Confession: I've never been a huge chili fan. But, for the chili lovers out there who are shaking their collective heads in dismay, allow me to go into more detail. Some chili is good. If, say, there are no kidney beans, no spicy peppers and no undercooked onions. Also good = most chili that comes out of a can.
I know. I know. I just blasphemed the good name of chili forever.
I'm just saying, give me a hot dog and dump some canned chili on top and we're golden. Hand me a bowl of homemade chili brimming with semi-cooked onions and chock full of kidney beans in all their thick skinned glory and I'm gonna do my best to choke it down. Because my parents taught me to eat what is given to me without complaint, to try things again and again because I just might acquire a taste for them, and to think about the starving children in Ethiopia. Okay--that last one was probably my grandparents and they probably said China.
So it seems that our church has a Chili Cook-Off almost annually. This is one time a year too often for me but I understand that there are people who don't actually like the idea of Cheesecake Bake-Off and The Next Best Chocolatier Challenge. I don't know who these people are that would rather eat chili than cheesecake but I intend to find out. In any case, our (mostly) annual Chili Cook-Off is coming up on Sunday.
Maybe someone will open a dozen cans of Hormel and toss them into a pot. Maybe someone will bring a White Chicken Chili because, well, in that case, yes please! Maybe someone will bring the chili that came to our house on the day we moved from California to Utah because that stuff was gooood. Maybe someone's idea of chili is to make a giant chef salad and just call it chili. Whatever. It'll be fine.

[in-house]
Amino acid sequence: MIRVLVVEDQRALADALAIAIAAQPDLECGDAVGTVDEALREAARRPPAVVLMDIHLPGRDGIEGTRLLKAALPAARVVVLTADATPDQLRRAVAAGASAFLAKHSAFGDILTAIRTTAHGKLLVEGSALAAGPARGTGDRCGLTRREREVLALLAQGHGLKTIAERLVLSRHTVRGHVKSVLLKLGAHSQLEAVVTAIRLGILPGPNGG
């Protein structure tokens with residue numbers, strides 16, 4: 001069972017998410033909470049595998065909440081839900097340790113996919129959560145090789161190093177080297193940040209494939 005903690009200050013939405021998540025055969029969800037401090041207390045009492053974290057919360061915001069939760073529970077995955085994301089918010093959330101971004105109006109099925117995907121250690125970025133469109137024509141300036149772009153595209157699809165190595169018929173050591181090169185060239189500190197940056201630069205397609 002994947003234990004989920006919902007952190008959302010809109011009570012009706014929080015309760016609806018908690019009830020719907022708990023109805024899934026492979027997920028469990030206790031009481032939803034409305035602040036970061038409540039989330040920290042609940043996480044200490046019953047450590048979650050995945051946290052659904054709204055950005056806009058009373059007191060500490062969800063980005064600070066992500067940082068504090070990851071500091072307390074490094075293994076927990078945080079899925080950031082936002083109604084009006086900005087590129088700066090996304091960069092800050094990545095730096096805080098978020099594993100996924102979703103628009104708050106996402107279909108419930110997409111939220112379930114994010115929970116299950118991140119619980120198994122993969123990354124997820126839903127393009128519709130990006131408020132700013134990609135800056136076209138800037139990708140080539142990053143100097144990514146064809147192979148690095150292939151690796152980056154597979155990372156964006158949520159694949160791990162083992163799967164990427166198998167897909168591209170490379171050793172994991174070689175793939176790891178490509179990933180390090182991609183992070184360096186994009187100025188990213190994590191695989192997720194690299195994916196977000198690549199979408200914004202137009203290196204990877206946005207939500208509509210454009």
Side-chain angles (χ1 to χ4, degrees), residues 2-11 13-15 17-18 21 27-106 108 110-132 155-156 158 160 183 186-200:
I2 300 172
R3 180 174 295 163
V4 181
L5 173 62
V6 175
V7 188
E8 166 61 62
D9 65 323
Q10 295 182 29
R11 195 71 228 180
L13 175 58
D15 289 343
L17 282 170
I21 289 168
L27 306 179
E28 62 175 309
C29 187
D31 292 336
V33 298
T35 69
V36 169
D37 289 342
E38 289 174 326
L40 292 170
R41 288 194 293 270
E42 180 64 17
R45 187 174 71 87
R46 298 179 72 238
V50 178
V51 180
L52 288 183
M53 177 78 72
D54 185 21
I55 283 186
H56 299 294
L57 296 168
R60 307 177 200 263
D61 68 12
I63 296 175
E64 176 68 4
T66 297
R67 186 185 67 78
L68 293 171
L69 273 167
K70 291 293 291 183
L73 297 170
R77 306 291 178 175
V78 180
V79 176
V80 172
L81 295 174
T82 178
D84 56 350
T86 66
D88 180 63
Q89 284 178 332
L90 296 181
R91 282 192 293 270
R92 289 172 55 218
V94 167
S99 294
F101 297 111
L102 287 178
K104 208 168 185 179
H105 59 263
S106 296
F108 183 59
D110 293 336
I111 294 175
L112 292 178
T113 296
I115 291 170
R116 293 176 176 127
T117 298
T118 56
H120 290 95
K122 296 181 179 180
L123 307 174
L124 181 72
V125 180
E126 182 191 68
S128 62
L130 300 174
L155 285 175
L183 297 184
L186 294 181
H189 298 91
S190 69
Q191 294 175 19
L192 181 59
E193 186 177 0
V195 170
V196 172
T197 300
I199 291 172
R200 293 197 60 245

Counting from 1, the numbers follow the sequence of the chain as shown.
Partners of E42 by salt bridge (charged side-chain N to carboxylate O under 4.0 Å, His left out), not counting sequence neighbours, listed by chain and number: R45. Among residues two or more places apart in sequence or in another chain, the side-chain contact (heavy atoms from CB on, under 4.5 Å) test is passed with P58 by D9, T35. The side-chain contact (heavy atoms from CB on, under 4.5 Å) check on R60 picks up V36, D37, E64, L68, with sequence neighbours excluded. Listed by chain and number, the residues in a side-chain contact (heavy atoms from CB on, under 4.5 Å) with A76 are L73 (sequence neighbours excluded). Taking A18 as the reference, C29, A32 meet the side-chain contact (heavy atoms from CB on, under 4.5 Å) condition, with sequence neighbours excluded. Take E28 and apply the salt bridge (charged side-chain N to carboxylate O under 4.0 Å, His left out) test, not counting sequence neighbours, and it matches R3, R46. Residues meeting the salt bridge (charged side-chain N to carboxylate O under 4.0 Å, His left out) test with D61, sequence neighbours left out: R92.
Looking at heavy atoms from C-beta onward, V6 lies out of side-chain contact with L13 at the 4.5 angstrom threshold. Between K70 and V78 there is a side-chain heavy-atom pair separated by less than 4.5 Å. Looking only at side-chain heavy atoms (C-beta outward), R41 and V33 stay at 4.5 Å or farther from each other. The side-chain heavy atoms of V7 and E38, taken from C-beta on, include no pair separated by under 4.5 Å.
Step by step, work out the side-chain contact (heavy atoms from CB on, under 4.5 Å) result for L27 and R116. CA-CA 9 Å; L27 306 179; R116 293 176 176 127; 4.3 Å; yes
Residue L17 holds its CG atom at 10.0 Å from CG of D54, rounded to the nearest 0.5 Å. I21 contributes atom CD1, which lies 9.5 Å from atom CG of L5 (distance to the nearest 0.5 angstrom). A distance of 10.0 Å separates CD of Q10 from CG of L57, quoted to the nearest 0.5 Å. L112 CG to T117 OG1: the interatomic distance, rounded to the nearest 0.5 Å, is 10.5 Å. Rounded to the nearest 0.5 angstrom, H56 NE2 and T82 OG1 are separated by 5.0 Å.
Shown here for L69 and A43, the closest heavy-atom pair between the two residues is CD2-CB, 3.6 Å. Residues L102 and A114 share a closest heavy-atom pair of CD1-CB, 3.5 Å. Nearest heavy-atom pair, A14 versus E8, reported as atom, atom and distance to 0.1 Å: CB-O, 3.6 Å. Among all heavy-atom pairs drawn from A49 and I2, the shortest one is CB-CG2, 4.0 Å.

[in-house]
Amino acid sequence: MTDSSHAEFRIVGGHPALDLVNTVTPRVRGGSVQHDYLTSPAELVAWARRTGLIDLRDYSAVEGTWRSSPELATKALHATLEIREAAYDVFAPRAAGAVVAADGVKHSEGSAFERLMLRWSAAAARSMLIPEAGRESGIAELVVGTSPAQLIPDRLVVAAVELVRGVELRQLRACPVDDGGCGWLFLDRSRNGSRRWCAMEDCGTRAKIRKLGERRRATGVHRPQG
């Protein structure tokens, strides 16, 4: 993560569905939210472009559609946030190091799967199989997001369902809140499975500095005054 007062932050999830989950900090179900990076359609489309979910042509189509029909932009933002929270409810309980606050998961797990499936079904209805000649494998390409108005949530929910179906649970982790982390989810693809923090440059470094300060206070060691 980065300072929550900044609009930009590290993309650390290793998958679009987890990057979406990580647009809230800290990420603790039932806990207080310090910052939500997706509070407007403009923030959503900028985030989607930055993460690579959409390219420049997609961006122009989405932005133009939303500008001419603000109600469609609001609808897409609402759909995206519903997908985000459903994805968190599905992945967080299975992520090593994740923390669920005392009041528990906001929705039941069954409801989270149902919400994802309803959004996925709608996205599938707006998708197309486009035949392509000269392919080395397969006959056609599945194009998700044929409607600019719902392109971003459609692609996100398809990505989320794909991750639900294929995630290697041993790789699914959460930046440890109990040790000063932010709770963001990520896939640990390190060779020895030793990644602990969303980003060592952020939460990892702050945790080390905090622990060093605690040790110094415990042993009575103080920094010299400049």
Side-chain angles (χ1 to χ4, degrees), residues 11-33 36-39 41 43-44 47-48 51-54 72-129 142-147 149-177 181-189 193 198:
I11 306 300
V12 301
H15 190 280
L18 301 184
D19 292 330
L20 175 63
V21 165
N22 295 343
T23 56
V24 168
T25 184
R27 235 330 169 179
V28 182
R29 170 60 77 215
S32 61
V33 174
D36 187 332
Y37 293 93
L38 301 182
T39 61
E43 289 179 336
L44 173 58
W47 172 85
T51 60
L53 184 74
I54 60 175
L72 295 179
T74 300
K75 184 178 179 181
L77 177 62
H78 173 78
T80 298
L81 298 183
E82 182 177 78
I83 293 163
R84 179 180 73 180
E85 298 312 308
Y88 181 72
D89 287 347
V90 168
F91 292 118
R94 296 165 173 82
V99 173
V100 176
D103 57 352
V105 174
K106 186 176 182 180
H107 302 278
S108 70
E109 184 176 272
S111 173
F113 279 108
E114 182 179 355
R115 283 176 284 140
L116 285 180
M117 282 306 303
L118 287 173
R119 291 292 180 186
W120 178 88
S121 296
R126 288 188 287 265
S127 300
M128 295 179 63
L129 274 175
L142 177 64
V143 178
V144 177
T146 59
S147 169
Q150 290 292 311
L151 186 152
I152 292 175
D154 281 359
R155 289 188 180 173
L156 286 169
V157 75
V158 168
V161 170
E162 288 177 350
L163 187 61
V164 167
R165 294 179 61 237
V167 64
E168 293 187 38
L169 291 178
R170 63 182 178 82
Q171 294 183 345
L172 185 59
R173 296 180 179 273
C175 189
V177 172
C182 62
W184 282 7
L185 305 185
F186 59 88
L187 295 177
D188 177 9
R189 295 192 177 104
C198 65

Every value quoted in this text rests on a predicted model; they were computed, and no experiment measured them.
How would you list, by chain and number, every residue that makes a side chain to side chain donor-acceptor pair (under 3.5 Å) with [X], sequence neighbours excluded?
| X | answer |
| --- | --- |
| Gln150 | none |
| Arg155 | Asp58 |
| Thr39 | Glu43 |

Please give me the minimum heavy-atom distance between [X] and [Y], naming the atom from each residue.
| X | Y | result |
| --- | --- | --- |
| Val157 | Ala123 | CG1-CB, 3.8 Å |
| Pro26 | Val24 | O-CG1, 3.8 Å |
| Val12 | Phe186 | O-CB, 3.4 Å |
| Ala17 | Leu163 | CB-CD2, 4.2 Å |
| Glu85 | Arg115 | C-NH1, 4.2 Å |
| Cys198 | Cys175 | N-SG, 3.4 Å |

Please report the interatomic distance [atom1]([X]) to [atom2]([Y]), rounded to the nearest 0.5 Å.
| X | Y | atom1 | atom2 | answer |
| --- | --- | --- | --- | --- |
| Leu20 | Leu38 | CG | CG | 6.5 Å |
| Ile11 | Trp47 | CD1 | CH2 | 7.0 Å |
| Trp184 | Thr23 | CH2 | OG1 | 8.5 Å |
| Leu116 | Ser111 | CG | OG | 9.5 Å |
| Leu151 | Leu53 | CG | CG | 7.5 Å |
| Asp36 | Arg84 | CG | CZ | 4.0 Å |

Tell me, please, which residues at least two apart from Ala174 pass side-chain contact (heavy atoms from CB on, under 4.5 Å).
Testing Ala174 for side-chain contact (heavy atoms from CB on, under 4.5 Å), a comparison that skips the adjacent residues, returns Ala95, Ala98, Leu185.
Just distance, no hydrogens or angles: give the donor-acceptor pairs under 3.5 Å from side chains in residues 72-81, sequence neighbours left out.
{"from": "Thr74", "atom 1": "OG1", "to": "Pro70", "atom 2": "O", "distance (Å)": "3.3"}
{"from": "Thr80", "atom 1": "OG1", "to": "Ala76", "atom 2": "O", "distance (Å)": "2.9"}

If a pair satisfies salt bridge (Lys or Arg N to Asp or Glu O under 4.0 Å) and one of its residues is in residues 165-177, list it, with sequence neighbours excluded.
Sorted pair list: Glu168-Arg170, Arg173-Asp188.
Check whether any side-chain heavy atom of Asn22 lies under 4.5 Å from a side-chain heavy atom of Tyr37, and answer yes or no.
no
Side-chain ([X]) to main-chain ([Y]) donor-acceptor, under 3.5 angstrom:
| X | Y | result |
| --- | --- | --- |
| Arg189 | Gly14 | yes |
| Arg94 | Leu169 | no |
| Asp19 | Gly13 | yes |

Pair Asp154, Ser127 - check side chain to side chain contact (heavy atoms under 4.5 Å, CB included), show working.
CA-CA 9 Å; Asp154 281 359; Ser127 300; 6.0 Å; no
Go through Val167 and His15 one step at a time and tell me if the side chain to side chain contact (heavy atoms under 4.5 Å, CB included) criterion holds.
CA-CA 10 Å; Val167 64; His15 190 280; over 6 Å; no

Except my husband keeps referring to it as a Chili Feed.
And, can I just tell you that for mostly inexplicable reasons, that phrase makes my stomach toss itself around like the aforementioned chef salad. Maybe it's because I didn't grow up in Texas. Maybe it's because I could live the rest of my existence on fruits and vegetables and the occasional hamburger and be just fine. (Oh and CHEESE! Because CHEESE! and I could never be apart for long.) Maybe it's because, as I said to our secretary earlier today, it has something to do with the connotation of "feed" implying that one is putting food in a trough for barnyard animals. Then, add chili to the mix and I picture a bunch of humans, leaning over a trough, consuming mass quantities of chili at a rapid pace.
But, you know, I just tried it with other foods as well...foods that I like a lot better than chili. French fry feed. Cadbury Egg Feed. Tostada Feed. Starbucks Tall Peppermint Mocha Feed. Those all sound better, but only slightly. I suppose I just don't like thinking of myself on all fours, inhaling my food. Maybe it's the same reason that the scene in A Christmas Story where Randy pretends to be "Mommy's little piggy" makes me want to toss my mashed potatoes. Because when I hear "chili feed" I totally picture people covered in beans and meat and red sauce as though spoons were not provided.
We don't have to agree on the place that chili has in society and in our mouths. We don't have to agree on much of anything, really. But can we all please agree that putting "feed" on the end of any kind of culinary experience is both uncivilized* and also disgusting?
*I am not saying that my husband is uncivilized or disgusting. He is neither of those things. In fact, I find him to be quite wonderful. It's just that he was born in Texas. Apparently you can take the newborn baby boy out of Texas, move him to Oregon and Minnesota and California and Utah, but you can't ever take the Texas out of the boy.